Melissa’s Wild Ride


The “Barbie Jeep” illustrates a puzzling ideological intersection between a feminine and a masculine stereotype. Barbie is (obviously) full of controversial female ideology. She teaches young girls that shopping and hanging out with Ken are the best ways to spend your free time. Not to mention, she represents (scientifically impossible) physical perfection. If Barbie were a real woman, she would “stands about six feet tall with a 39″ bust, 18″ waist, and 33″ hips” (Galia Slayen, Huffington Post). On the other hand, the “Jeep” is more commonly associated with masculine activities : driving off-road through huge mud puddles, hunting, and causing a general ruckus. Even Indiana Jones, the rugged, masculine, adventure-seeking archeologist, drives a jeep!

I think the “designed use” of the Barbie Jeep attempts to find a middle ground between these two gendered images while also “[upholding] adult conceptions of childhood” (Griffin). Despite the Jeep’s masculine connotations, the design of the “Barbie Jeep” reinforces stereotypical images of girlhood. Young girls are encouraged to bring a friend along for the ride, and the back of the Jeep includes a storage area for toys and snacks. Everything about the Jeep’s “designed use,” even down to its bright pink coloration and Barbie decals, paint an innocent image of Barbie and her friend taking a drive to the beach. However, with its fully operational steering and breaking systems, the Barbie Jeep also mimics some of the more “real” (and arguably more “manly”) freedoms associated with driving a car. Even these “real” freedoms have their limitations though. Due to parental safety concerns, the recommended age group for Barbie Jeep users is between 3 and 6, and its maximum speed is 5mph.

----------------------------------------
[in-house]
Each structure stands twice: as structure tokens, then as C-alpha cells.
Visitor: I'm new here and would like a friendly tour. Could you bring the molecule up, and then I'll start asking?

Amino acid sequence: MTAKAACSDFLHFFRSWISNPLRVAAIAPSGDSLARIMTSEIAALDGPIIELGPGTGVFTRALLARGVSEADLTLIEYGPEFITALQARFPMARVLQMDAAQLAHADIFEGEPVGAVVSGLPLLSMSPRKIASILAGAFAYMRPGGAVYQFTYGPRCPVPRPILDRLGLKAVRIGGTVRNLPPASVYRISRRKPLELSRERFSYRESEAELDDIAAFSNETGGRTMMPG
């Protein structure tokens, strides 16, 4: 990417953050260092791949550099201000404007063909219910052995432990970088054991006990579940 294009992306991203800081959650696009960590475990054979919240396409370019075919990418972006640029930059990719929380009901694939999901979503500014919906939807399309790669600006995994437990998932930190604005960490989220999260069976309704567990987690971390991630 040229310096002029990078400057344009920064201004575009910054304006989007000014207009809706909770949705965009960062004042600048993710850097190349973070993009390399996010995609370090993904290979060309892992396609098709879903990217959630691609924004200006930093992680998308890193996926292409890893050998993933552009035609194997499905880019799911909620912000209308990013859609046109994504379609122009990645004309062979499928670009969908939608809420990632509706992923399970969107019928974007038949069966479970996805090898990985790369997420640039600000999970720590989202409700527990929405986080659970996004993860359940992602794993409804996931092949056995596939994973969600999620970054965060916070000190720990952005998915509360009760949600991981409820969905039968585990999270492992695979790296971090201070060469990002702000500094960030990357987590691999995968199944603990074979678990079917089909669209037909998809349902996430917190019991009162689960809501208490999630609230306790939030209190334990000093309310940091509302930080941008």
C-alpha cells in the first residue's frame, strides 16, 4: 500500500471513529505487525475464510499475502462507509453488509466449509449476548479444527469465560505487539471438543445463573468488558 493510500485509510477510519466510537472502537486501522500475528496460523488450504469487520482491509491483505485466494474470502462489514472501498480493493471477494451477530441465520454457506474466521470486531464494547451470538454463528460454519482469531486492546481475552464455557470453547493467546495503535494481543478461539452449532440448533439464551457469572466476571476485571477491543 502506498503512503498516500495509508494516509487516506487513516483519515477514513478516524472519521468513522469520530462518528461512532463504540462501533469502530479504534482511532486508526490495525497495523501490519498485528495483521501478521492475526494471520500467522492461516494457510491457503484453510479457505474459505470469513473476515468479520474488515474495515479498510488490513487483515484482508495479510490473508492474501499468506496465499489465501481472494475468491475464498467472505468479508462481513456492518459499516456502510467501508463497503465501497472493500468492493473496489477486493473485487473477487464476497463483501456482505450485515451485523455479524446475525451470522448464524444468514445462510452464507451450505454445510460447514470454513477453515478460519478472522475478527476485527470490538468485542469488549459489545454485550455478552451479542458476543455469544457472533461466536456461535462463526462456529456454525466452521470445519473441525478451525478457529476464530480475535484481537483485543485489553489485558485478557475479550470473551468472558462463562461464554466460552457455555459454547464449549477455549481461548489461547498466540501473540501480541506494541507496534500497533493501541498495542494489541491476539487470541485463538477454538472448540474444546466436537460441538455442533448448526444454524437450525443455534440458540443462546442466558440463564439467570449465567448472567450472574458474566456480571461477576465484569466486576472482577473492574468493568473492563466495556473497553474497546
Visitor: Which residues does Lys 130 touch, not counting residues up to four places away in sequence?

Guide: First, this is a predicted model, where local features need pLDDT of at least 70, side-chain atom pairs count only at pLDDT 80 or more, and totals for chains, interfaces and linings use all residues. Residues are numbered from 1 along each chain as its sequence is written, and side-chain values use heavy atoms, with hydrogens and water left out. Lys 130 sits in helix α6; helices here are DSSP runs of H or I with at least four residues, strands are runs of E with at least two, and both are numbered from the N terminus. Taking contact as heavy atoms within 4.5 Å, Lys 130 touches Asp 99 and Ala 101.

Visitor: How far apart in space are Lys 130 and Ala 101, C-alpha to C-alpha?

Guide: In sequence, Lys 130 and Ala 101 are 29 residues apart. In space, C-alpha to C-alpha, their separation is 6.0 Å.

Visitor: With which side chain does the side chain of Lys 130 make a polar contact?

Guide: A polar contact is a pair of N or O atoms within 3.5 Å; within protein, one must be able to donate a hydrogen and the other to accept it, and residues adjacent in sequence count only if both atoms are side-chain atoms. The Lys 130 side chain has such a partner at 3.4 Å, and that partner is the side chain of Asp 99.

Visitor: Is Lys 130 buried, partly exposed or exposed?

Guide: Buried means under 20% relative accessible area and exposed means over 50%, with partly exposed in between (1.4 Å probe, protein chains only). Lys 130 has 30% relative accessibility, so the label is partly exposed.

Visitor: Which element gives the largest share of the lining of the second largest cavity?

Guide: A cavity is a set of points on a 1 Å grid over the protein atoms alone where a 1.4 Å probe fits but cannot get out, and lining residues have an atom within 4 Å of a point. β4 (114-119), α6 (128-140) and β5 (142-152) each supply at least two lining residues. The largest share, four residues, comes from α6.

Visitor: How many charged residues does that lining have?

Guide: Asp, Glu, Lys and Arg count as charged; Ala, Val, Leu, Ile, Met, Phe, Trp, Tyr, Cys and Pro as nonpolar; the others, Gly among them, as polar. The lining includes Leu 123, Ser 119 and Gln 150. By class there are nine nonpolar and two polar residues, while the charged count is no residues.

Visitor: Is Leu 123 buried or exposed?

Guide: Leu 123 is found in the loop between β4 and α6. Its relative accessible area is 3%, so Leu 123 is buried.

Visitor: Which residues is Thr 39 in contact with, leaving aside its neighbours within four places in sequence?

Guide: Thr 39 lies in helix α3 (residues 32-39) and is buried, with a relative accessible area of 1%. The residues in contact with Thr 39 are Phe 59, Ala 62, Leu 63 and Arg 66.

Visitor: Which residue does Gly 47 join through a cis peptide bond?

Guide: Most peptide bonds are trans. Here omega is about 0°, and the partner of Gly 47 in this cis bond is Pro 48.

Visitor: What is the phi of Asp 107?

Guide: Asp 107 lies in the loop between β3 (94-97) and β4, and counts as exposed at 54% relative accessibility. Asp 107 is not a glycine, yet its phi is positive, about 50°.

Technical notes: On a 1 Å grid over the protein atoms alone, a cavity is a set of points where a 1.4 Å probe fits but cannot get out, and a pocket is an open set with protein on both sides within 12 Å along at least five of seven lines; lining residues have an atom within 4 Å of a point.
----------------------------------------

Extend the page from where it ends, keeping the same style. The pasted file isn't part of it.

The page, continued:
Insert this kid:


One of the most vivid memories I have from my elementary school years is my little sister Melissa behind the wheel of her Barbie Jeep.  She received the Jeep for Christmas and terrorized the streets of my neighborhood in the years that followed. It didn’t take Melissa very long to realize that she could increase the 5mph maximum speed by starting her course at the top of our steep driveway, stepping on the pedal, and zooming down the street. The stunts didn’t stop there. Melissa became so adept behind the wheel that she could spin the mini vehicle in a “donut,” slamming the breaks and cranking the wheel at exactly the right time. But by far her most impressive stunt was the legendary Barbie Jeep Somersault. One afternoon, as I sat on the grass and watched, Melissa (with her neighborhood sidekick in the passenger seat) put the Barbie Jeep in reverse and proceeded to creep backwards down the driveway. The Jeep gained momentum and started to speed out of control. In the blink of an eye, I watched the Barbie Jeep (and its stunned occupants) complete a 360 degree revolution. The vehicle balanced on its crossbar for a moment before landing at the base of the driveway on all four wheels. Melissa and her friend sat there in disbelief and then burst into laughter. I couldn’t believe what I had seen (and neither could my mother, who made Melissa wear a helmet in the Barbie Jeep from that day on).